In February 2021, Harvest House Atlantic opened the doors to its Women’s Recovery House. The house is able to accommodate up to eight individuals who will share a communal living space while engaging in a holistic, faith-based 12-step program. The program is rounded out with activities to promote their guests’ physical health.
On their one year anniversary, Women’s Recovery Program Manager Mary Dupuis said in a statement posted to Facebook, “If I could say anything about the Women’s Recovery over the past year it is that it has been a privilege to get to know all the residents – to hear their stories, share their joys, and their successes – but also to come alongside them and bear their burdens and encourage them when they are discouraged and overwhelmed in their journey of healing.”
Guests of the women’s addiction recovery program are asked to make a nine-month commitment in a residential setting that aims to provide women with the tools to overcome their substance use challenges through engaging and empowering support to promote and sustain an independent and healthy lifestyle.
The Women’s Recovery House is open to all people in the Moncton area including those who are part of the LGBT2SQ+ community.
Harvest House Atlantic’s 12-step program combines many holistic components that address the entire person. This includes counselling, talk therapy, meditation, physical exercise, practical life skills, and art or music therapy.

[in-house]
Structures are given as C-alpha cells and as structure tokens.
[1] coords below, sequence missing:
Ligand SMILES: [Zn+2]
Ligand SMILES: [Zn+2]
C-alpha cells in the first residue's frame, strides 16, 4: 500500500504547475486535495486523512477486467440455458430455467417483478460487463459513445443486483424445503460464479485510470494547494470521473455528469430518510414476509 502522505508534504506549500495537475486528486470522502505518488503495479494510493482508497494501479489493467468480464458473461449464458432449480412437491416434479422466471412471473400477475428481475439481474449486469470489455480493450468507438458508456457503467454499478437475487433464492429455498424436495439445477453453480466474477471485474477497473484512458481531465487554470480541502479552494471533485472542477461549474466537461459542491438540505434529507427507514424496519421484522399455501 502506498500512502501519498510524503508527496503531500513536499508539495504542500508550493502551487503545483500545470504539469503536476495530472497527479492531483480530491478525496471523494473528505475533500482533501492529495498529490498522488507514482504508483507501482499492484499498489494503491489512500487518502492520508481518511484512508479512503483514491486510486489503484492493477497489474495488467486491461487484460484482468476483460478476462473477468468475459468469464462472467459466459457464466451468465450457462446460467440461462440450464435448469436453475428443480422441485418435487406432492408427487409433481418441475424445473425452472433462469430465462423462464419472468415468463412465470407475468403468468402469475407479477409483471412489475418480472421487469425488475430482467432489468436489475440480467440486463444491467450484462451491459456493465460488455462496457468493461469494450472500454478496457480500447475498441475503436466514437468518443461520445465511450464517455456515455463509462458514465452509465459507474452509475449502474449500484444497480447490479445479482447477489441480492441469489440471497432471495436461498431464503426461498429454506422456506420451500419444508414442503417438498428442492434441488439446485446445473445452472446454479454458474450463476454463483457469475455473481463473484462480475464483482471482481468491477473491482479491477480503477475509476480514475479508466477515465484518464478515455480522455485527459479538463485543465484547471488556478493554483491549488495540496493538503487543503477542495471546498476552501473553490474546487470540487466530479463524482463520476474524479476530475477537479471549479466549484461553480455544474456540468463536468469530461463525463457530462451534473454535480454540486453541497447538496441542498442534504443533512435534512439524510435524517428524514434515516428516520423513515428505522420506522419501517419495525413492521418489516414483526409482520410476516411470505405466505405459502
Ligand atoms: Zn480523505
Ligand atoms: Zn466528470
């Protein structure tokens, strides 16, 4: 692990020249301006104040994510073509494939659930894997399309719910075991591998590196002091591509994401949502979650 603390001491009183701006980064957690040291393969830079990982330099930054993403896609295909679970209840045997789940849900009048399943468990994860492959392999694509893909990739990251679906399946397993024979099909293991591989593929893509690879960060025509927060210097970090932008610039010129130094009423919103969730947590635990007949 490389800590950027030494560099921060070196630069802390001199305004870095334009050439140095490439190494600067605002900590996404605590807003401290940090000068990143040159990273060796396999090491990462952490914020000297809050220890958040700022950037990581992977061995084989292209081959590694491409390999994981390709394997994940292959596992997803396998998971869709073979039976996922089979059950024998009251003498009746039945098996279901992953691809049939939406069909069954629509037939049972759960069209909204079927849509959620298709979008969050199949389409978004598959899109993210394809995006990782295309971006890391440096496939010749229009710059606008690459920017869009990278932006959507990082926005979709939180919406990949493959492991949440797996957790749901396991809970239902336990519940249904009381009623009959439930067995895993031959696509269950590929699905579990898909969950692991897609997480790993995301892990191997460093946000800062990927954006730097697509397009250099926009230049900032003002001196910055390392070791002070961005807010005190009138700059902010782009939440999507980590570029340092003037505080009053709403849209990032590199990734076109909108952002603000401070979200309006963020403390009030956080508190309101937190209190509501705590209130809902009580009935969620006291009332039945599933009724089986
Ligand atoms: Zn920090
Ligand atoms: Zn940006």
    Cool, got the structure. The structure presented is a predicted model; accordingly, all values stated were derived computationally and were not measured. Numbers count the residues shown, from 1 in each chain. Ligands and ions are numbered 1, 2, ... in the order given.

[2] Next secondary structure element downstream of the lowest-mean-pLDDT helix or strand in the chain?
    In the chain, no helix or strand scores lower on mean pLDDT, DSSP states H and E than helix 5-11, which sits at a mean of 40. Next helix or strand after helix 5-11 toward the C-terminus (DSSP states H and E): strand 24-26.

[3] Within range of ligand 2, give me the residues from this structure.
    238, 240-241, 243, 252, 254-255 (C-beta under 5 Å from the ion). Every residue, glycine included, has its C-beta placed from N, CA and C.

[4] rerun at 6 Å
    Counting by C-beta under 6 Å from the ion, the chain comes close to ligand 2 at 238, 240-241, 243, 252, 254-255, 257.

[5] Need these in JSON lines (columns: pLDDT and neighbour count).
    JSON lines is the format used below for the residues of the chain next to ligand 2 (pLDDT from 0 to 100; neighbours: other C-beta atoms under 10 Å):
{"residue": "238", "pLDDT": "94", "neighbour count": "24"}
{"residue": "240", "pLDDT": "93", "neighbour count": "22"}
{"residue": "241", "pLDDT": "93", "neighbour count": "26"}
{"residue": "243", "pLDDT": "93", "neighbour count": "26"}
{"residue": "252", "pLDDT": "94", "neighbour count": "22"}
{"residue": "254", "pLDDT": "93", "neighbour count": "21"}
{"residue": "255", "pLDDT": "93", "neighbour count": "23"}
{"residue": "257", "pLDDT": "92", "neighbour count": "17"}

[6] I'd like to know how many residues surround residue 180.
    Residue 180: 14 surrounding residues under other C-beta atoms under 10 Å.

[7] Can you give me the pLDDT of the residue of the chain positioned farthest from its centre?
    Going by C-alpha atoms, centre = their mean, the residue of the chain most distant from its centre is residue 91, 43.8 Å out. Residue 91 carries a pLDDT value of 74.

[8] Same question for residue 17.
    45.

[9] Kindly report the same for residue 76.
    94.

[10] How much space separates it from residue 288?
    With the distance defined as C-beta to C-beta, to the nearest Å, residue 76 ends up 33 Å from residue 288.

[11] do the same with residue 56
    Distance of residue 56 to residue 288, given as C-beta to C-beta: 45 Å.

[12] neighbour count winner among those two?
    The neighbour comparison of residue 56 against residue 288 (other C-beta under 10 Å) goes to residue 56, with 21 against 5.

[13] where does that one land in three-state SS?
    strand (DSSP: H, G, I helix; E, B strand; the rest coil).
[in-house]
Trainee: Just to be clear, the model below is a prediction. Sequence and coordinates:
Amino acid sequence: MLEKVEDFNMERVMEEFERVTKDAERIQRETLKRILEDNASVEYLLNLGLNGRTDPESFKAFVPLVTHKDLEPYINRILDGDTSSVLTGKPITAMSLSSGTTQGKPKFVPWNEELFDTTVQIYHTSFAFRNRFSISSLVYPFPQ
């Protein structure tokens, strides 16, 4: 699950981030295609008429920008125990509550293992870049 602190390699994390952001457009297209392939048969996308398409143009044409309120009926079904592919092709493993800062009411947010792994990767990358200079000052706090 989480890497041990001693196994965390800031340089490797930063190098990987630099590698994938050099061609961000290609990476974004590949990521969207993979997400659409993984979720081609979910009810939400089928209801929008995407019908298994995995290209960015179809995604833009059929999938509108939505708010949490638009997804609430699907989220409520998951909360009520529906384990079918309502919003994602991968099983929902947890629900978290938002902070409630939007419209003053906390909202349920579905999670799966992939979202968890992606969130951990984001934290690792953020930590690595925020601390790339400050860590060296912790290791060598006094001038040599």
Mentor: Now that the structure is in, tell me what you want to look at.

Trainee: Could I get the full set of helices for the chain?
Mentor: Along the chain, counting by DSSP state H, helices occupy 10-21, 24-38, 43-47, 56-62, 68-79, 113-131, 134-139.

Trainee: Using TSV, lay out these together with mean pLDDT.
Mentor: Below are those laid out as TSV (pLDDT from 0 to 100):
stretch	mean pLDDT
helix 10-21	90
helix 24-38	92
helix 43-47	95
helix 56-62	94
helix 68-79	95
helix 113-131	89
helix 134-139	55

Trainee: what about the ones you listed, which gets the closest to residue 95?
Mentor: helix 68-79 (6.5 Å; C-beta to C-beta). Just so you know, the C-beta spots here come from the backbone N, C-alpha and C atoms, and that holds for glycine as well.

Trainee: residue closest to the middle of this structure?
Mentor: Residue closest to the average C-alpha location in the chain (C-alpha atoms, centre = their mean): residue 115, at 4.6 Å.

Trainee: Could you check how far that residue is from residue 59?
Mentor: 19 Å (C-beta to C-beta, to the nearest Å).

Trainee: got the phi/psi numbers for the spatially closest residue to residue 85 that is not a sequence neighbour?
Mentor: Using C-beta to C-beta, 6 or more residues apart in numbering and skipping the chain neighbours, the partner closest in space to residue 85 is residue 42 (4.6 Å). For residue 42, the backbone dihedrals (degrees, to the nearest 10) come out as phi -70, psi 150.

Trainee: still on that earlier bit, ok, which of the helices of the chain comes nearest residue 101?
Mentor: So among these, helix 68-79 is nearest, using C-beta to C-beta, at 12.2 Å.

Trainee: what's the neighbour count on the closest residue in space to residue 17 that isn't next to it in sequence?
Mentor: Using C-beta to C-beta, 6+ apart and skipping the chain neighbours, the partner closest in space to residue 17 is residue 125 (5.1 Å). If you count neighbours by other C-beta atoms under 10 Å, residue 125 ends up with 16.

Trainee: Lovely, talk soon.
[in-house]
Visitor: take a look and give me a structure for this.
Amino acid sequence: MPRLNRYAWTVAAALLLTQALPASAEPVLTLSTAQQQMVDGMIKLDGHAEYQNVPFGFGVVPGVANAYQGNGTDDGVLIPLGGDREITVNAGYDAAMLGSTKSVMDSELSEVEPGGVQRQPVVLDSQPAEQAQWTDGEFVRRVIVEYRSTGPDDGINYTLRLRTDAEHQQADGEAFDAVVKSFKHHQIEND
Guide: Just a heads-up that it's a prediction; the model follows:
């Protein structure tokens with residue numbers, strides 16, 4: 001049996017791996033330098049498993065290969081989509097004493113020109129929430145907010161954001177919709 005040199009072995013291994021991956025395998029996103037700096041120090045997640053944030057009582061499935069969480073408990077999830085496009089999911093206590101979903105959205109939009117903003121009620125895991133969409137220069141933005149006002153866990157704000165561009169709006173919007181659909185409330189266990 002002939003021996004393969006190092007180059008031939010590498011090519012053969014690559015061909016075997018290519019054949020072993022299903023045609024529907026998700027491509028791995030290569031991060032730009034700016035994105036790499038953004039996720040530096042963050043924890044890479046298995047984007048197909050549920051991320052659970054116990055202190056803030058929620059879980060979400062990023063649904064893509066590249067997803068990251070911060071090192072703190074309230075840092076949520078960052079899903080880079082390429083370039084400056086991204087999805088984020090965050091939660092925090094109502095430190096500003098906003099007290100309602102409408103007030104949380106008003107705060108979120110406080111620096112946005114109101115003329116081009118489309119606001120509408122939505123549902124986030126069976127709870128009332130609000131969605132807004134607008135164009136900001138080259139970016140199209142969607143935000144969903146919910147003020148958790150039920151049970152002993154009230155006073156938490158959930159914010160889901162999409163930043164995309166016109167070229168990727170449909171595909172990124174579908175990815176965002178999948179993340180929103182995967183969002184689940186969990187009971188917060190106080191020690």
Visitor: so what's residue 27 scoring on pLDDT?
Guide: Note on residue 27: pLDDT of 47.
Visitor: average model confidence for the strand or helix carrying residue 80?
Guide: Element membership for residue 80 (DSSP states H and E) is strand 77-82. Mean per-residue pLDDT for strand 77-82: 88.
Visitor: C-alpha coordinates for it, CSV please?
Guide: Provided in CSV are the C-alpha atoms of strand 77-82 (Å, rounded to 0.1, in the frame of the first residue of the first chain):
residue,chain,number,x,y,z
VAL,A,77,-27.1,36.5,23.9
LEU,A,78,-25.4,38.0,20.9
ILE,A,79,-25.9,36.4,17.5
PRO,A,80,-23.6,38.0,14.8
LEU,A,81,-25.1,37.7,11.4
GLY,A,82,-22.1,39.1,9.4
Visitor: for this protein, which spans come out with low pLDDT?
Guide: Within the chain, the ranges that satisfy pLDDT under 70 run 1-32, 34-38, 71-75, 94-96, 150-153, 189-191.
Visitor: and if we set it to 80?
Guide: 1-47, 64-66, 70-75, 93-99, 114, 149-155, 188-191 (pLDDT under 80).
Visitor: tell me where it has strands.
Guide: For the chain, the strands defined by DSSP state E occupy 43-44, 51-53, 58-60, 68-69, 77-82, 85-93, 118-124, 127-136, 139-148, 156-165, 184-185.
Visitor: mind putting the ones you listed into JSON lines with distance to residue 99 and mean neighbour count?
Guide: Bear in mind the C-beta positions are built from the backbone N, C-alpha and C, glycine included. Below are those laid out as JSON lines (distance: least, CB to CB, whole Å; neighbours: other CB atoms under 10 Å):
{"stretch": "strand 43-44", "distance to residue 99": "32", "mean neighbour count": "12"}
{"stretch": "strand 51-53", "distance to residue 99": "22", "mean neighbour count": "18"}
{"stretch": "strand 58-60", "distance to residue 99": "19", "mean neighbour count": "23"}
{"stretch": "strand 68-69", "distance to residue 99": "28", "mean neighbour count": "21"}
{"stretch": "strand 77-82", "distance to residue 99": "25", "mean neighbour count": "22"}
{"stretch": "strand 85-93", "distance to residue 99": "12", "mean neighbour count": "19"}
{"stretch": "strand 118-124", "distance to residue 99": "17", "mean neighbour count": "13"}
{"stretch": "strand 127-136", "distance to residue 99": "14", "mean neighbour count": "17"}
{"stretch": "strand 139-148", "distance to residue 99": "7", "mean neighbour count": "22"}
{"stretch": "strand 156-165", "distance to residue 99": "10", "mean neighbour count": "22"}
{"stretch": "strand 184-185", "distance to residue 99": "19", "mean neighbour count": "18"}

The Harvest House Atlantic has left its mark on New Brunswick by connecting people of compassion with people in need to make a difference in their community. They continue to be committed to always progressing their understanding of what their guests need in order to support wholly, physically, mentally, and emotionally.
“We are still committed to learning from all of the residents and hoping to support them on their journey as best as we can,” Dupuis added.
For the last 24 years, Harvest House Atlantic has supported New Brunswickers who are experiencing homelessness, substance use challenges, and mental health challenges in the Moncton areas.
On hand, they have case workers who work with approximately 109 guests, serve over 200 meals daily in their Community Centre as well as offering a 44-bed emergency shelter available to both women and men. They also offer nine-month, 12-step recovery programs. Through what they call their Step Up Transitional Housing Program, they offer individuals affordable living which allows them a safe space and time to seek employment, enroll in studies, or volunteer full-time.
For more information on their services, visit www.harvesthouseatlantic.org.